The fourth-most enriched group (36 predictions out of 185, p-value of 3.9 x 10−6) represents a subset of the major facilitator superfamily, more specifically genes that code for H+ antiporters. These enzymes are crucial for multidrug resistance and chemical stress responses in yeast [32]. In this regard, it has been demonstrated that PDR15 is translationally regulated and that its 5’-UTR shows increased levels of ribosome occupancy in response to high salinity [25]. Similarly, PDR5 and PDR12 (which were positive IRES predictions according to our model) showed a positive correlation between ribosome 5’-UTR occupancy and translational efficiency during different developmental stages; this trend has been linked to translationally regulated genes. Importantly, a similar correlation was observed for yeast IRESs [3].

The fifth-most significant group (23 predictions out of 92, p-value of 1.5 x 10−5) is the ATP-binding cassette (ABC) family. Its members participate in many biological processes that include vacuolar detoxification, pleiotropic drug resistance (PDR) and stress adaptation (reviewed in [33]). Yap1p participates in the PDR regulation network, and its encoding gene has a verified IRES [34]. Additionally, we predicted four genes containing IRESs in this regulatory network (PDR5, PDR12, SNQ2 and STP5), two of which have been shown to be directly regulated by Yap1p (SNQ2 and PDR5) [33]. It is important to note that although YAP1 was not used to train our SVM, it was one of the genes predicted as having an IRES. The above-described case constitutes another example consistent with the hypothesis of multiple IRES-dependent genes in the same regulatory or interaction network [7]. A second example of a gene with an experimentally verified IRES [3537], that was not used in the training procedure of our SVM, but successfully identified as having an IRES by our method is HAP4. Remarkably, there is functional evidence that HAP4 and YAP1 diverged from a common ancestor [38]. Considering the statistical and biological aspects of the aforementioned predictions, we believe that our results validate our method and support IRES-dependent translation conservation in fungi (Fig. 1).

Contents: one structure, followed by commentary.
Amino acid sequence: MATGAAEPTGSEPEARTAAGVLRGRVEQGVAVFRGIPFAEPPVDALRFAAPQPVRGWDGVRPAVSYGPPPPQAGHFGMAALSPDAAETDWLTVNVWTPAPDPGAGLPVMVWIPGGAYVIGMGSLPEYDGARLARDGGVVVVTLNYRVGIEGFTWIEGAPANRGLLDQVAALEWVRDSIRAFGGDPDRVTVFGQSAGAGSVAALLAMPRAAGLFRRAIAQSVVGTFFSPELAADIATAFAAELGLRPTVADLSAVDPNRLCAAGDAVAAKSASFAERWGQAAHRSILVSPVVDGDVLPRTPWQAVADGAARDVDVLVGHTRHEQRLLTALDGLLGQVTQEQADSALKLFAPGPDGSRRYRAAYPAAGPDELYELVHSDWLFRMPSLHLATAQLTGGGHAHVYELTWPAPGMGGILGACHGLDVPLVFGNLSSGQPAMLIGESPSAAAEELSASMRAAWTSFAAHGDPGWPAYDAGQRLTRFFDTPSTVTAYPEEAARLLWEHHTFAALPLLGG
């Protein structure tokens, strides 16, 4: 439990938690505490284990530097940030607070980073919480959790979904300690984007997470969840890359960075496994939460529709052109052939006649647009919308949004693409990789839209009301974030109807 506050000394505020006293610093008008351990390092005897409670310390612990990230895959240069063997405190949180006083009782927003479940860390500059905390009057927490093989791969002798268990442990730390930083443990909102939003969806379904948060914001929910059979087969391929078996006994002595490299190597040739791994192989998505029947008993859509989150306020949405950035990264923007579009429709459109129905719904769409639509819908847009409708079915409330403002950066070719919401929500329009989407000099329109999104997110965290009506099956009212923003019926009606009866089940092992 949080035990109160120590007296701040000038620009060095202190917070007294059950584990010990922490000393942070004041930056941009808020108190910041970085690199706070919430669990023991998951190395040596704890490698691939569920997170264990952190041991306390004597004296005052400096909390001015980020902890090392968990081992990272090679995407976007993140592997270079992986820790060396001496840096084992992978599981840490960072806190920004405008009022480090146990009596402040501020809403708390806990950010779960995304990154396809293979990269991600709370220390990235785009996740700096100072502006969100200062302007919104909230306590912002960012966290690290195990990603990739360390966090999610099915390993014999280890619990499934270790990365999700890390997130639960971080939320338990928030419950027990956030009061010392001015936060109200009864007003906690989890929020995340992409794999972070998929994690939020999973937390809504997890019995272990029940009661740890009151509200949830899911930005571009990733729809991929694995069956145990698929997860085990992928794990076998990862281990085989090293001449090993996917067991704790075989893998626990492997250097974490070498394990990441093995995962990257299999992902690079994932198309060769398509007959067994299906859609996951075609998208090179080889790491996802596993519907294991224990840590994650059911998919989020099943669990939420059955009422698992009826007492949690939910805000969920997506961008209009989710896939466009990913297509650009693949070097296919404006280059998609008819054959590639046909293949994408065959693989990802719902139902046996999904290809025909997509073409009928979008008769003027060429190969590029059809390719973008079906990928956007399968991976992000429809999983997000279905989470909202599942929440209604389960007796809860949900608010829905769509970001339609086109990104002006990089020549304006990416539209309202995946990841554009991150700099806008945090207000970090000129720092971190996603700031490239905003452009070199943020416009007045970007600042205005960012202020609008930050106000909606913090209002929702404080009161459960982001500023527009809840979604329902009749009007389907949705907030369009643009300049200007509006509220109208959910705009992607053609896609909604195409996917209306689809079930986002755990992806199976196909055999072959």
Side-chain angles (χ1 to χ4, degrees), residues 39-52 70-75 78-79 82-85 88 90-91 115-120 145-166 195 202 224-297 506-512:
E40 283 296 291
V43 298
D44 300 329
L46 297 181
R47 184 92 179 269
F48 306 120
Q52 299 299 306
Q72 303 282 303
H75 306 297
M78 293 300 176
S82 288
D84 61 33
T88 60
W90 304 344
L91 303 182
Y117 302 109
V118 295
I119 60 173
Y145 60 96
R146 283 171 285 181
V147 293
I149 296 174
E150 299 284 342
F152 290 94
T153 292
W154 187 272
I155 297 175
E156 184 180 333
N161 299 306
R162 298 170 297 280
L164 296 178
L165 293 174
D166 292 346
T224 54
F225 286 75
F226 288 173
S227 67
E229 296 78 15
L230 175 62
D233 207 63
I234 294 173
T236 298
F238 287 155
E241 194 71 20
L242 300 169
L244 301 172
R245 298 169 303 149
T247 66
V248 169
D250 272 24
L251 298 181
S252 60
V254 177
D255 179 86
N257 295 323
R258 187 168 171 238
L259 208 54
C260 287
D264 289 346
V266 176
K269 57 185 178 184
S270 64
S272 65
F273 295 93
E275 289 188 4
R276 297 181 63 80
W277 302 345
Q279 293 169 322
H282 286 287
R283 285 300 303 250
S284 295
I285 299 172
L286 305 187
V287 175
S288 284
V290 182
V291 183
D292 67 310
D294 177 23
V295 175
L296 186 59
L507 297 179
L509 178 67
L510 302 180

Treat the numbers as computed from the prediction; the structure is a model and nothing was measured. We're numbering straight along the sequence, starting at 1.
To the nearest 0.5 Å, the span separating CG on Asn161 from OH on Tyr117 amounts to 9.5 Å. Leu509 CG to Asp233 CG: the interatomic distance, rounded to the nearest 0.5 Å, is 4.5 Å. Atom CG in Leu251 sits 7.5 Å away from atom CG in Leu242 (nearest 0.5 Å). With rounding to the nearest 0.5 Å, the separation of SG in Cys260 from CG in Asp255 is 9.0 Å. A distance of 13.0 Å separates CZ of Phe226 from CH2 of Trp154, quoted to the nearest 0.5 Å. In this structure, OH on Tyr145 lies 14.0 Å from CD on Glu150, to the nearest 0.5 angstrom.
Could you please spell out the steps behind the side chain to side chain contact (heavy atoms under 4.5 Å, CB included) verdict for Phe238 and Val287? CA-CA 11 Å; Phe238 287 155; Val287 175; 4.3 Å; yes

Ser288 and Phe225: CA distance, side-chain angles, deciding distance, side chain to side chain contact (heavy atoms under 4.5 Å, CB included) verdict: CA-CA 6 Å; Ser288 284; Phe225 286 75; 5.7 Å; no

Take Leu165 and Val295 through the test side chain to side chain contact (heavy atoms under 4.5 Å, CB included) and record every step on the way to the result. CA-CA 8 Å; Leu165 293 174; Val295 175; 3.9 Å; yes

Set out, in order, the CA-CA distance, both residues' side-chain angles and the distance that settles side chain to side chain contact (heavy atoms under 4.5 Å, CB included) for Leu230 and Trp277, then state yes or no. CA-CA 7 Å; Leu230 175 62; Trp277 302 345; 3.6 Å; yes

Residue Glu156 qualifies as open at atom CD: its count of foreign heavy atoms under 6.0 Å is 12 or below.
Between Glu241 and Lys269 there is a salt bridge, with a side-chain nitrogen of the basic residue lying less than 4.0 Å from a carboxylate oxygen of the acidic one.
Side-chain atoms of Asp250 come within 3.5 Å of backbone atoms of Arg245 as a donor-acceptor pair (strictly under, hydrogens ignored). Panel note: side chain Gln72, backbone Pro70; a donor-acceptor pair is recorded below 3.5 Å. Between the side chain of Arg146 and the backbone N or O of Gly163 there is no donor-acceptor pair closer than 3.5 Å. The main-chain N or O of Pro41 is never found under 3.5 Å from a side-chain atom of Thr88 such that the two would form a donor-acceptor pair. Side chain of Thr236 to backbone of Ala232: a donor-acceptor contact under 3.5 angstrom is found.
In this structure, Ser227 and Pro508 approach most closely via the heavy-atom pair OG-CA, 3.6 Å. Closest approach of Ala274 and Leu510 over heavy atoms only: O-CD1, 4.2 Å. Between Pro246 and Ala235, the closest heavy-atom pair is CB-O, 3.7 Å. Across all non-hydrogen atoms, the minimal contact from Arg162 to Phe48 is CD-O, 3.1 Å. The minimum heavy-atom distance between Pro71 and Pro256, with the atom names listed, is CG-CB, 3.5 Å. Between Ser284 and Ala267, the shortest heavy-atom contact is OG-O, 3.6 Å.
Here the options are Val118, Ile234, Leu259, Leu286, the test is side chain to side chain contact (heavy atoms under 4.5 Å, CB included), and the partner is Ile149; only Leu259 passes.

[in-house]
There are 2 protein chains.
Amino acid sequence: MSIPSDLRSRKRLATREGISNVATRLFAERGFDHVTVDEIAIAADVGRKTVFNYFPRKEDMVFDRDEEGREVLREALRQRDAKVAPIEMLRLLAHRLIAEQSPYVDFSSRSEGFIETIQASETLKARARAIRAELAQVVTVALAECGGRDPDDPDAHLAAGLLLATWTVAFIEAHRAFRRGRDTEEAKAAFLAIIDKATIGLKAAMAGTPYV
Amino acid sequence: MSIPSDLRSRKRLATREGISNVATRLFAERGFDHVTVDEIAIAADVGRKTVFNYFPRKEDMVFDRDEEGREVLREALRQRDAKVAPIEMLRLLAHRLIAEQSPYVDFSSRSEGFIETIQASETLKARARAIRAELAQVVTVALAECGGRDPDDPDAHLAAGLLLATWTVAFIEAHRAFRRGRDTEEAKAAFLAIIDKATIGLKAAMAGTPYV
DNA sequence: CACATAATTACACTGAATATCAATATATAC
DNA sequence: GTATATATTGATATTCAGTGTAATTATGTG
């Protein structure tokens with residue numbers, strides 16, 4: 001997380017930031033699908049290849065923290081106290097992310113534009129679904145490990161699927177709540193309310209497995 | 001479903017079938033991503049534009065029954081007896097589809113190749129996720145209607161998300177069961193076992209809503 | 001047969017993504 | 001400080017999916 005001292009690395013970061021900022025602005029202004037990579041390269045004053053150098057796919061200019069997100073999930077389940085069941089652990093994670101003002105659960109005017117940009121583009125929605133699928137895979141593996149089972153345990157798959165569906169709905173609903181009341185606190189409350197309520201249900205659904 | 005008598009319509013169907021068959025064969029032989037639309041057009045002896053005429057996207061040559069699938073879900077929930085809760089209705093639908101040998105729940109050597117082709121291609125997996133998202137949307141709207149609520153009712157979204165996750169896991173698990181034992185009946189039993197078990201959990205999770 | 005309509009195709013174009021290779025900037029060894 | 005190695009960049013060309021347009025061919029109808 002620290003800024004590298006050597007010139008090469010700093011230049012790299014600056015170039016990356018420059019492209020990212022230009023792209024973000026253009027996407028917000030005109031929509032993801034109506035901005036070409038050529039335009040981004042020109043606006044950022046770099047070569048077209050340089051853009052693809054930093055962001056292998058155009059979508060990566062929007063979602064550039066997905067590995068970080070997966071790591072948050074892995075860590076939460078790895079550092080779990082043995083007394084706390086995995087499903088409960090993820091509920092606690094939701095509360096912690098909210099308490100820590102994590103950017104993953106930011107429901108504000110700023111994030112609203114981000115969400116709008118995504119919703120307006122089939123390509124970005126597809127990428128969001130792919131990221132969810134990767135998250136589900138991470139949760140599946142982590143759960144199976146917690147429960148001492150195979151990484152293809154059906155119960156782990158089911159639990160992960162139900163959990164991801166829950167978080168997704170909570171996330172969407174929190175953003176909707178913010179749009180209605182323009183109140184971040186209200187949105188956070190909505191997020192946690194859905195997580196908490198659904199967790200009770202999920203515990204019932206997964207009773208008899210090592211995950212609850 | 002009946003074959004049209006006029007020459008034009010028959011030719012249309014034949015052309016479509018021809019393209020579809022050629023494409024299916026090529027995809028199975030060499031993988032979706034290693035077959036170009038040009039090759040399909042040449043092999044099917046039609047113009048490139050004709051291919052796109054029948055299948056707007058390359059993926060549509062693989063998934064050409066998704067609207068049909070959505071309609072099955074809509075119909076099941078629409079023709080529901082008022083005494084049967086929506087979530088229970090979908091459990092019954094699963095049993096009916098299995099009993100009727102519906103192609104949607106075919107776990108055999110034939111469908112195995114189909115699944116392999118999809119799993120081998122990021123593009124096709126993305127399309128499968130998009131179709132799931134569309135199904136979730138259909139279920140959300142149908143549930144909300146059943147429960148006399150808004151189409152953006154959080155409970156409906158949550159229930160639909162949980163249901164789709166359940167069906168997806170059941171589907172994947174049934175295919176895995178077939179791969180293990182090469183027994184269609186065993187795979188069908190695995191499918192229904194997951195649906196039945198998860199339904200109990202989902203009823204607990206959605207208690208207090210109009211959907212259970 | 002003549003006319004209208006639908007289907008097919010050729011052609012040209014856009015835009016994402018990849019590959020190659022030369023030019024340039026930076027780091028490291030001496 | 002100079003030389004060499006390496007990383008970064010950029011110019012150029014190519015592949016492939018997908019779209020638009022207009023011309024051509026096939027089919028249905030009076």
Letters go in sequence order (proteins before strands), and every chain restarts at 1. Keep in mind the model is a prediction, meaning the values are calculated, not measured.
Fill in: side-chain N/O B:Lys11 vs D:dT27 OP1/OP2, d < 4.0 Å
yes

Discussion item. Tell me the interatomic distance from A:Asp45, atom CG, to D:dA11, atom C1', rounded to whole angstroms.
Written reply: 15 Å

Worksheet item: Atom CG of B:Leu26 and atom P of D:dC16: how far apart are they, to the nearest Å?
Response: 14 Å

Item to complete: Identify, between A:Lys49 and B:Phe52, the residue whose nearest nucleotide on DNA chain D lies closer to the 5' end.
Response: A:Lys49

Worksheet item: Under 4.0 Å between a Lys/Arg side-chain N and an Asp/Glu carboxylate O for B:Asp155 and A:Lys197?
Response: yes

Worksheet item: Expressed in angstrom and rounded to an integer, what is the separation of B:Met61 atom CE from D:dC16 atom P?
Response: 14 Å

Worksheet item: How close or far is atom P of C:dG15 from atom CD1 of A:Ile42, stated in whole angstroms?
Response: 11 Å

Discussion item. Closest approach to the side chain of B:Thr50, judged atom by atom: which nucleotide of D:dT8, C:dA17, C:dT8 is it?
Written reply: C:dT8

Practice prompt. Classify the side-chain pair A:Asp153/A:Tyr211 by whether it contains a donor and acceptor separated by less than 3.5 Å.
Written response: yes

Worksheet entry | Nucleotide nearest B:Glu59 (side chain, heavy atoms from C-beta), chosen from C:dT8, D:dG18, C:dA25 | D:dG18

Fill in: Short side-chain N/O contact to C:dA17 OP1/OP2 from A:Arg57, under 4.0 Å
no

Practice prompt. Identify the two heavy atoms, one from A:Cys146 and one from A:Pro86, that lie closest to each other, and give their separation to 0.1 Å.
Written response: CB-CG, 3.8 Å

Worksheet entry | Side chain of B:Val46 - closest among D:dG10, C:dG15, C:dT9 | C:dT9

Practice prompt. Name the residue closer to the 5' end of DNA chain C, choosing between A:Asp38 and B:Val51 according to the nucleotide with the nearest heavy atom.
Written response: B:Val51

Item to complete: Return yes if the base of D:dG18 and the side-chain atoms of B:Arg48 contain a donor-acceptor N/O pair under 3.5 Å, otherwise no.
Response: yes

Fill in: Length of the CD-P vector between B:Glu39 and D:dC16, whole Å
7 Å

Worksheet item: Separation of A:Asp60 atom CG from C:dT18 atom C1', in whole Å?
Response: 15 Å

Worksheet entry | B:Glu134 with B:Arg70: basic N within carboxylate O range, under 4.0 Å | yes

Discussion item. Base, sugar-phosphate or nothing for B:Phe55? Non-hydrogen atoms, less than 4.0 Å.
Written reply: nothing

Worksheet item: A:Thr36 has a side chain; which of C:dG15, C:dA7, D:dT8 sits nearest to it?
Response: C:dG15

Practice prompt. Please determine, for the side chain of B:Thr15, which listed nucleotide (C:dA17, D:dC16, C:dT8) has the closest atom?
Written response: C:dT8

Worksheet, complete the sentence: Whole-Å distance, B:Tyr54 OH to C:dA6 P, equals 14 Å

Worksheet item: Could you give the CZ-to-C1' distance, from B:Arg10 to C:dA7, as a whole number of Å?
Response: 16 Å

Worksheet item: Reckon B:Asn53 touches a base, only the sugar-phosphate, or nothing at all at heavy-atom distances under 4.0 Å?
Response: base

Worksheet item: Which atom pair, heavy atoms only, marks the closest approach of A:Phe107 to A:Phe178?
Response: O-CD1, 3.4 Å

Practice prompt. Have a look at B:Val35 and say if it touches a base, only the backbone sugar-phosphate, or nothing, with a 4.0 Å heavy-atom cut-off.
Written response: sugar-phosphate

Selection of top IRES predictions

The product of the orthologous group enrichment and the complement of the SVM class posterior probability [39] (1-probability that a prediction is an IRES based on SVM output) was used as a criterion for ranking our predictions. We defined a threshold of 0.05 (lower values indicate better predictions) for selecting the best predictions. Our top IRES predictions included only 801 out of the 6,532 total positive predictions (12 %) and represented 0.8 % of the entire set of genes considered in our analysis (99,759). For S. cerevisiae, 174 genes out of its nearly 6,000 coding genes were included in the top-predictions category. The advantage of our selection procedure (see Methods) is that it takes into account the similarity of features found in each sequence compared with those of the experimentally verified IRESs used in this study (given by the posterior class probability) and the enrichment of IRES predictions in phylogenetically related genes across organisms, which could indicate a selective pressure to conserve IRES-dependent translational control. All further analyses in our study were performed using this sub-set of 174 top IRES predictions in S. cerevisiae.